Subversion and division
Writer: Lee Hwok Aun
Published: Fri, 12 Aug 2011
A subversive document lies before me. Brazenly, some Malaysians think “only those countries that undertook a systematic programme to transform the underlying structure of their economies … were able to rise from middle-income status to become high-income countries”. And these people say we should do likewise.
Transform the underlying structure? Who do they think they are to disrupt the current system?
Well that’s what the Economic Transformation Programme’s roadmap for Malaysia wants to do to us.
Subversive, according the Oxford Dictionary, means “seeking or intended to undermine the power and authority of (an established system or institution)”. Merriam-Webster defines subvert as “to overturn or overthrow from the foundation”.
Here are more subversive lines: “The 1Malaysia concept has at its core, the principle of social justice. This principle necessitates a renewed focus on championing the interests of each and every community, ensuring no group is left behind or marginalised in the course of the nation’s development.”
That bold declaration appears in the Tenth Malaysia Plan, published last year under the auspices of the Prime Minister’s Department.
Social justice appears in none of the previous development plans. By drawing in the ideas of justice and social interest, the ongoing Tenth Plan rhetorically shifts the framework from the government’s prerogative to dispense ‘redistribution’ to people’s rightful claim to a fair share of national wealth. This is subversion alright, albeit of a subtler form.
So make no mistake, the Economic Transformation Programme and Tenth Malaysia Plan possess subversive elements. Not to overthrow a government, but to overturn a system or institutional framework right from its base.
No one has been arrested for these attempts to subvert – and no one ought to be. In the course of life we are sometimes compelled to say difficult things that challenge an existing order or confront entrenched privilege.
To be fair, not all subversive content emanates from within BN. The opposition supplies a fair share, too.
Pakatan Rakyat’s Buku Jingga subversively asserts that national prosperity can be achieved and sustained only if it is buttressed by the principles of social justice and shared humanity.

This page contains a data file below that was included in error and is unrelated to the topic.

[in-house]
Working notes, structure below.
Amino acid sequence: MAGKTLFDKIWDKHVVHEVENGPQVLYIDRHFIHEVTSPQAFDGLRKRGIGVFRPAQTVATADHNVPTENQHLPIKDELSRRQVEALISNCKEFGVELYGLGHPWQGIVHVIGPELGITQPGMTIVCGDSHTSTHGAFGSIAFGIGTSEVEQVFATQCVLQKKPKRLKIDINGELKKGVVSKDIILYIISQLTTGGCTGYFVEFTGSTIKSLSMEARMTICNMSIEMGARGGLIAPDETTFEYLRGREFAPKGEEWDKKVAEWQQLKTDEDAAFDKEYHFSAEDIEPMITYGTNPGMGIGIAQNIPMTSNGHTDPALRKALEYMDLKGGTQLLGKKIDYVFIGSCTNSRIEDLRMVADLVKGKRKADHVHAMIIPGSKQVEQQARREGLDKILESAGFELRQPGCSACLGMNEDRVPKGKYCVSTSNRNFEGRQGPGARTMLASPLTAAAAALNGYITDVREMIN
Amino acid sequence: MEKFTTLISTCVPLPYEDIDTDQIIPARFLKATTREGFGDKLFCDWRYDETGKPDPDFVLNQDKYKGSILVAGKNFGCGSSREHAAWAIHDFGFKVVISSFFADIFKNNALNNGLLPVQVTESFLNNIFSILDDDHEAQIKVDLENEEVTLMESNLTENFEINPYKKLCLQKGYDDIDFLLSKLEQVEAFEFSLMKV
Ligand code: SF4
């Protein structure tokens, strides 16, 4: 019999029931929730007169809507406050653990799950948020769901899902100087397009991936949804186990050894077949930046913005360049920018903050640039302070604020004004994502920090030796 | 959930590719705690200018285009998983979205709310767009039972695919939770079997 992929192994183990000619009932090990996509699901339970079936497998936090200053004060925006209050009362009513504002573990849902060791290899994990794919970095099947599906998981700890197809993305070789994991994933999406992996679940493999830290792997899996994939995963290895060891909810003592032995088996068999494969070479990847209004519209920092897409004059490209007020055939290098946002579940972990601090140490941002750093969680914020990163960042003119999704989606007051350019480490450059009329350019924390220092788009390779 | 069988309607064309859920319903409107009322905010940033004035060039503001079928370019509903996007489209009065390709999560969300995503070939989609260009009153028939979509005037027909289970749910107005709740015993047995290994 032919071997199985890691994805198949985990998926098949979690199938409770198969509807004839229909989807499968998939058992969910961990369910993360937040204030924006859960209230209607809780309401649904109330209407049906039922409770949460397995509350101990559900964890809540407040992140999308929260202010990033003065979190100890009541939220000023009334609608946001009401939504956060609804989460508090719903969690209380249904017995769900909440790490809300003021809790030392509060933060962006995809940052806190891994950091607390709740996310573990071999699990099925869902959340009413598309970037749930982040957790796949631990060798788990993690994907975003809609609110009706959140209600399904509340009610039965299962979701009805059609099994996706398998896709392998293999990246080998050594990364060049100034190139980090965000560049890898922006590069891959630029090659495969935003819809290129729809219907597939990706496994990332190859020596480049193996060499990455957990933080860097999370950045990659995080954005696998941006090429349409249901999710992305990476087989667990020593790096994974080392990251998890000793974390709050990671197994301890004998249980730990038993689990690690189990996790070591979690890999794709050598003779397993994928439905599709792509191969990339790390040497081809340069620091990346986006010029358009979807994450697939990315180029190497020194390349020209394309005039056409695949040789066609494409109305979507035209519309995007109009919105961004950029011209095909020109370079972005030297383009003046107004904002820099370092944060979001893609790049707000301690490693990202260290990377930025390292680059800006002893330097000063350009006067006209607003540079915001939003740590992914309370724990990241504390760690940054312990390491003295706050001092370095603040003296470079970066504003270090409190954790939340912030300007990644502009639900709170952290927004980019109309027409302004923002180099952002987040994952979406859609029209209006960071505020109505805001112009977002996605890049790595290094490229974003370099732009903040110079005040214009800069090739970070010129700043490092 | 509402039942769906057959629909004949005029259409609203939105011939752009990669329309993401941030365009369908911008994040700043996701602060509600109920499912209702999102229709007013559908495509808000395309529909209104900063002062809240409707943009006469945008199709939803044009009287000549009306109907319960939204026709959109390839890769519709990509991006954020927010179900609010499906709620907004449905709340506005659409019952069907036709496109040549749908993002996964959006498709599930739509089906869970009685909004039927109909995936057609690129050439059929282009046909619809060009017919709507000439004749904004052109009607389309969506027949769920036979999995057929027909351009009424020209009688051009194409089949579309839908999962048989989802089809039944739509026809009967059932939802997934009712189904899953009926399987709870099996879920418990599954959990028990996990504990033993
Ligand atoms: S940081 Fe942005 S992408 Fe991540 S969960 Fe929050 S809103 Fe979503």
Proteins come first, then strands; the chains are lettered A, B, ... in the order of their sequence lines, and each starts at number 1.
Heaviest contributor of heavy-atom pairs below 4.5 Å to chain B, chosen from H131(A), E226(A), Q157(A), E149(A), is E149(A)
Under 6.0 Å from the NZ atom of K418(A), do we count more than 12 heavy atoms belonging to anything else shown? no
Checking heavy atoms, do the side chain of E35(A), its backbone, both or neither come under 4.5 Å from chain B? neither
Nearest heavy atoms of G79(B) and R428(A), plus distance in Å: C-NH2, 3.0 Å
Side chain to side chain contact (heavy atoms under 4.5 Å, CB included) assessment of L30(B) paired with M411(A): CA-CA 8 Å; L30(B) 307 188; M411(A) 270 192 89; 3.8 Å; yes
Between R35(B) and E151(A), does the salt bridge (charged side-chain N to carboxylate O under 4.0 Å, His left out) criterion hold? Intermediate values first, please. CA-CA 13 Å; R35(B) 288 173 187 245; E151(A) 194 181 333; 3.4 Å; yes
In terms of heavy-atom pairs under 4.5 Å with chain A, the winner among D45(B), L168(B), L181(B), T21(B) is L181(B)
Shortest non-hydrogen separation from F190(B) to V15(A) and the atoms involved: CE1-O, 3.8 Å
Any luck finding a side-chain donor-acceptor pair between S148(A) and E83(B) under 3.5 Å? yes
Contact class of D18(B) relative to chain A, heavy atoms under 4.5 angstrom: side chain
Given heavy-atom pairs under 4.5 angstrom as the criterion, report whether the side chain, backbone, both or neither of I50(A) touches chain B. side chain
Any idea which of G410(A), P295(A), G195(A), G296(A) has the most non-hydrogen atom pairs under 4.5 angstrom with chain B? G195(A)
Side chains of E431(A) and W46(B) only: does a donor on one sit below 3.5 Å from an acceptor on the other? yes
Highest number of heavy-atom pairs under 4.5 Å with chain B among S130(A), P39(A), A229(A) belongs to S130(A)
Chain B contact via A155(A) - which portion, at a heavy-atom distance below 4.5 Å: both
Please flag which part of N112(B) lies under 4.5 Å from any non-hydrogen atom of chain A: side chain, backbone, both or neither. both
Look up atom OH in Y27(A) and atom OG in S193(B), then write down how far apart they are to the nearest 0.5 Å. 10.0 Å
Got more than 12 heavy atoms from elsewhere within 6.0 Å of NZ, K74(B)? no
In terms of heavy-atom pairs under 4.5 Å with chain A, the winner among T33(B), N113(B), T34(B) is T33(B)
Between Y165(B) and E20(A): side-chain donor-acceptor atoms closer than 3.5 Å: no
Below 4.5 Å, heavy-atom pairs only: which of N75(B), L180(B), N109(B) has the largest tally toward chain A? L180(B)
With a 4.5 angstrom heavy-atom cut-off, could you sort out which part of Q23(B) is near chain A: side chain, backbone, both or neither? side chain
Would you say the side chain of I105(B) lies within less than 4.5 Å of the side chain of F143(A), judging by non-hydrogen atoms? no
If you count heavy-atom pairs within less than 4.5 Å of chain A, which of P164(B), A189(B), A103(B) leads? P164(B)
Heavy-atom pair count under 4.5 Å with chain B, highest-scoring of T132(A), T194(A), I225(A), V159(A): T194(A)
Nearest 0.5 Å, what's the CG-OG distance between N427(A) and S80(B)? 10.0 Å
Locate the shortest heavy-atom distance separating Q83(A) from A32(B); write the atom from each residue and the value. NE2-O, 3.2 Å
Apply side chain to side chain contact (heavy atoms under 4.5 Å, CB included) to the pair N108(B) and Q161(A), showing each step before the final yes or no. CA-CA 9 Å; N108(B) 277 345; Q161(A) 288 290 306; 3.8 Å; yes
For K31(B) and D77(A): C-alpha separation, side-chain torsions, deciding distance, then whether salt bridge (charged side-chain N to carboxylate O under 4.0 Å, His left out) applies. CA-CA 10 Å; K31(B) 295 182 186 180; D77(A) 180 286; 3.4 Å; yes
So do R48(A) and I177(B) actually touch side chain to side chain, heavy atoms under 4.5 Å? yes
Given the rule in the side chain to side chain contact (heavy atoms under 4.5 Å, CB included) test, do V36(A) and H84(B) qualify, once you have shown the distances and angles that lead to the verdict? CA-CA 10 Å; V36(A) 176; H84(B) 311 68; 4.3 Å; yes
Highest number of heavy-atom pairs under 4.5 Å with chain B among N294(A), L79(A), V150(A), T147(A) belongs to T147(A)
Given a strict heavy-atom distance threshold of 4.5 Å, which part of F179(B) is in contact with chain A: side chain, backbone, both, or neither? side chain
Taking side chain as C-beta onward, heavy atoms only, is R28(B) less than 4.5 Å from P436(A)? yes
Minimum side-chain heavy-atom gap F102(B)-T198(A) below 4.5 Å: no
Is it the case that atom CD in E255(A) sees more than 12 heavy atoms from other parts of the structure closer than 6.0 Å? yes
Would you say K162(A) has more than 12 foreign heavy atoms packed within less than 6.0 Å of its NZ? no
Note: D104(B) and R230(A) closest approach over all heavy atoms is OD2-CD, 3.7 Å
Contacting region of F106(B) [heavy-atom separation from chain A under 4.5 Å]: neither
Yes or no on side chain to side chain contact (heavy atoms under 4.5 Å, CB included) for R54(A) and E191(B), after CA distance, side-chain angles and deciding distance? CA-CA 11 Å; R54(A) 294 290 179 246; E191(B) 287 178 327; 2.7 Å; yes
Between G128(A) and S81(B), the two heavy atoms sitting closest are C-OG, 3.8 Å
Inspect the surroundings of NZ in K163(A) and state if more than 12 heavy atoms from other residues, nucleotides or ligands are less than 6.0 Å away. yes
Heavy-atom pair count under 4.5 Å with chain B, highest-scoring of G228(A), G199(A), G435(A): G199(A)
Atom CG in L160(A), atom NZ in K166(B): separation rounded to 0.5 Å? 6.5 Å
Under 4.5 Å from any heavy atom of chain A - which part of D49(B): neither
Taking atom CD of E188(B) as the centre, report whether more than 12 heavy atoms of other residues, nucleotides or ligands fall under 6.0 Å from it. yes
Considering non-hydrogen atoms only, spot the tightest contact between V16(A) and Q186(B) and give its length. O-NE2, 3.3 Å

But not all subversives are equal. The cost to BN of talking about social justice is, at worst, to have the agenda smothered and popularity diminished.
The cost to others can be violated freedom and official oppression. I refer, of course, to the PSM6: Parti Sosialis Malaysia’s Sungai Siput MP Dr Michael Jeyakumar, deputy president M Sarasvathy, central committee members Choo Chon Kai and M Sukumaran, Youth chief R Saratbabu, and Sungai Siput branch secretary A Letchumanan. They were detained without trial under the Emergency Ordinance for 28 days, walled in solitary confinement, and nastily interrogated.
Upon their release on July 29, like a deflating tyre PM Najib Razak hissed how Malaysia respects the rule of law and that the police decided based on “their observations”.
Through the month of observing, we heard only ding-donging and stonewalling on the grounds for detention without trial. And after the 670 hours of observing, no charges were made, no evidence found and no confessions extracted. No apology also from the authorities who locked up and played mind games with citizens, with zero accountability and no qualms about trampling on basic human rights, dignity and decency.
On Aug 2, four days after their release, the PSM6 were charged with being in possession of “subversive documents”.The insatiable appetite to repress socialists baffles many.
Are we witnessing a real time demonstration for history students of the irrelevance and backwardness of archaic laws? An act of scapegoating and scaremongering, or an attempt to save face by actually bringing on some charge, any charge, in court? A preemptive strike by an absolutely power-over-principle establishment at a grassroots political organisation that exemplifies grassroots consistency and courage of conviction?
Whatever the intent, desperation comes across loudly in resorting to attach the subversive label on adversaries.
At the same time, without in any way condoning the injustice against them, it’s worth acknowledging that their critique of the current political economic system “out-subverts” most others’. (I’m sure PSM folks will take this as a compliment.) Socialism does not merely call for transformation of economic structures or fairer income distribution, it piercingly analyses class structure and rejects the very legitimacy of the capitalist system.
As capitalism continues to be in crisis, in a world where millions eke out their survival at the mercy of rising prices and volatile markets while millionaires live lavishly, should we not ask deeper, more fundamental questions about the economic system that assimilates us? Shouldn’t we all be a little more subversive?
Let’s not allow our minds to be put in detention without thought.